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Retirement looming, new mom Huber focusing on a strong finish

June 5, 2013 05:38 PM
One of the world's top doubles players for the past decade, Liezel Huber has won five women's doubles Grand Slam titles and two mixed doubles Grand Slam titles.
By Matt Cronin, special to USTA.com
PARIS – Liezel Huber and her husband Tony adopted a baby boy last summer, and the 36-year-old U.S. Fed Cupper couldn’t be happier. Even when she should be sleeping, she is waking up to feed their son, Joshua. And even when Tony volunteers to feed him, she’s up warming up his bottle.
On Tuesday night in Paris, she got up frequently because Joshua was sick. She didn’t get much sleep, then went out and won a mixed doubles match with her partner Marcelo Melo over her former doubles partner Lisa Raymond and Raymond’s partner, Bruno Soares.
She went off court, fed Joshua again, changed his diaper, played with him, had a little something to eat, and because the matches at Roland Garros have been backed up due to rain in the first week, she had to go out and play again. This time she and Melo stretched Frantisek Cermak and Lucie Hradecka to a third-set super tie-break in the semifinals but eventually lost.
"At my age, it's the worst to play two matches in one day and my situation is more strenuous than other people, but I am not having a pity party here, it’s what I choose," Huber said. "But playing two matches at age 36, at the end of the second match, we just got overpowered. You can’t recover on the same day. Maybe you can from late night to the next day but you need those reserves built up in you."
Former doubles No. 1 Huber said that she is planning to retire soon. Prospective last events include either this year after the US Open, maybe after the fall season or possibly after the 2014 Australian Open because she would also like to travel Down Under to see friends.
"It is my last year because my son will be a year [old] at the US Open," she said. "It’s already hard to travel with him and my wrists are swollen because he’s already like 20 pounds. It’s an accumulation of things, but I wouldn’t change anything because he’s the best, happiest baby."
Huber, who owns 53 women’s doubles title, including five Grand Slam crowns, decided in the last few weeks that her priorities have changed and that Joshua comes first – before tennis.
"That's a struggle for me because there are not enough hours in a day to add more tennis even though I have managed to do it the last few weeks," she said. "I haven’t been happy with the way I’ve been playing, or the way I have been able to work out or have eaten something bad. My husband said, ‘Let me know if you are just out here to have a good time,’ but I am not like that because I want to win. So I’ve switched gears a little, but my son is still my main priority so it’s tough balance."
Huber is amazed that Kim Clijsters was able to come back and win the US Open after the birth of her daughter, but Clijsters was still not playing when Jada was as young as Huber’s son is now. Liezel and Tony travel with a nanny, but Liezel wants to do everything herself so she doesn’t use her nanny as much as she could.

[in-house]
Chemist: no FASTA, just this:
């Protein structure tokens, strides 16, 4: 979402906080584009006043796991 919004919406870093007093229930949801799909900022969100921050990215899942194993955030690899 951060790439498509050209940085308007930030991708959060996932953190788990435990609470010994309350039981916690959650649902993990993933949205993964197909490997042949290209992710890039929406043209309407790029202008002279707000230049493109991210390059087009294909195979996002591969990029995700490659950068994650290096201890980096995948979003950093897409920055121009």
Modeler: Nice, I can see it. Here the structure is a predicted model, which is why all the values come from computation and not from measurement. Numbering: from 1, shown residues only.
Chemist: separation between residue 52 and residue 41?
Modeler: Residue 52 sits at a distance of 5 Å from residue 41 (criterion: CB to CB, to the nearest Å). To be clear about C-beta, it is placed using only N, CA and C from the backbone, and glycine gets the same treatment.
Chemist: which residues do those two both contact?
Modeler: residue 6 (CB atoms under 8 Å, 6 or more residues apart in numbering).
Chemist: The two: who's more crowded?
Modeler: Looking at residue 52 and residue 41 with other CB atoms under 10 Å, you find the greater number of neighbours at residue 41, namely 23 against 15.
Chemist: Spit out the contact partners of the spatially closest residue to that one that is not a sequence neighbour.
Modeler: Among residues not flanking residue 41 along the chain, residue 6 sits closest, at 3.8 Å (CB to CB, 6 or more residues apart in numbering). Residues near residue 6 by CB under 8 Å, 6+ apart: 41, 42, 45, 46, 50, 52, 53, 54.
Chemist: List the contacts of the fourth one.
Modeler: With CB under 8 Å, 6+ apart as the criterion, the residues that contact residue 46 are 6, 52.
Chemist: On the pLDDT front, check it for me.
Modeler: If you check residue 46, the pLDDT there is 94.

Her former doubles partner, Cara Back, is also is traveling with a young child and doesn’t travel with a nanny; Black’s husband is Mr. Mom. Tony coaches Liezel in addition to putting in his Mr. Mom duties.
"I don't know how Cara does it," said Huber, who teamed with Black to win the 2008 US Open and with Raymond to take the title in Flushing Meadows in 2011. "We need to be able to go and do our work and not worry about what Joshua is doing now. It’s been a learning experience. But I am not going to be on the road forever because the boy is too busy and we don't have to be on the road, as we have a lot of other ventures."
Huber calls this the hardest year of her career. She hasn't had a regular doubles partner, as the woman he had planned to play with all year, Maria Jose Martinez Sanchez of Spain, has been injured and now has decided to take a break. Martinez was nice enough to come to Paris and play with Huber, but they lost in the first round. Now Huber is on the hunt for a partner again and may play at Wimbledon with Spain’s Nuria Llagostera-Vives, who is coming off a wrist injury.
"It’s been tough," Huber said, reflecting on her professional year before focusing on the personal. "But we really have it pretty good."
Despite the ups and downs, Huber has no plans on giving up on the rest of the year. But she said that when she does finally zip up her racquet bag for good, she will miss the many friends she has made. Most of all, she will miss playing for the U.S. Fed Cup team, which sometime in the future she hopes to help out from the bench – anyway she can.
"I really loved it," said Huber, who has posted an 8-3 record for the U.S. squad. "Being part of Fed Cup defined my career."
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And for more Pro Tennis coverage, including coverage of Americans at the 2013 French Open, go to the USTA.com Pro Tennis page


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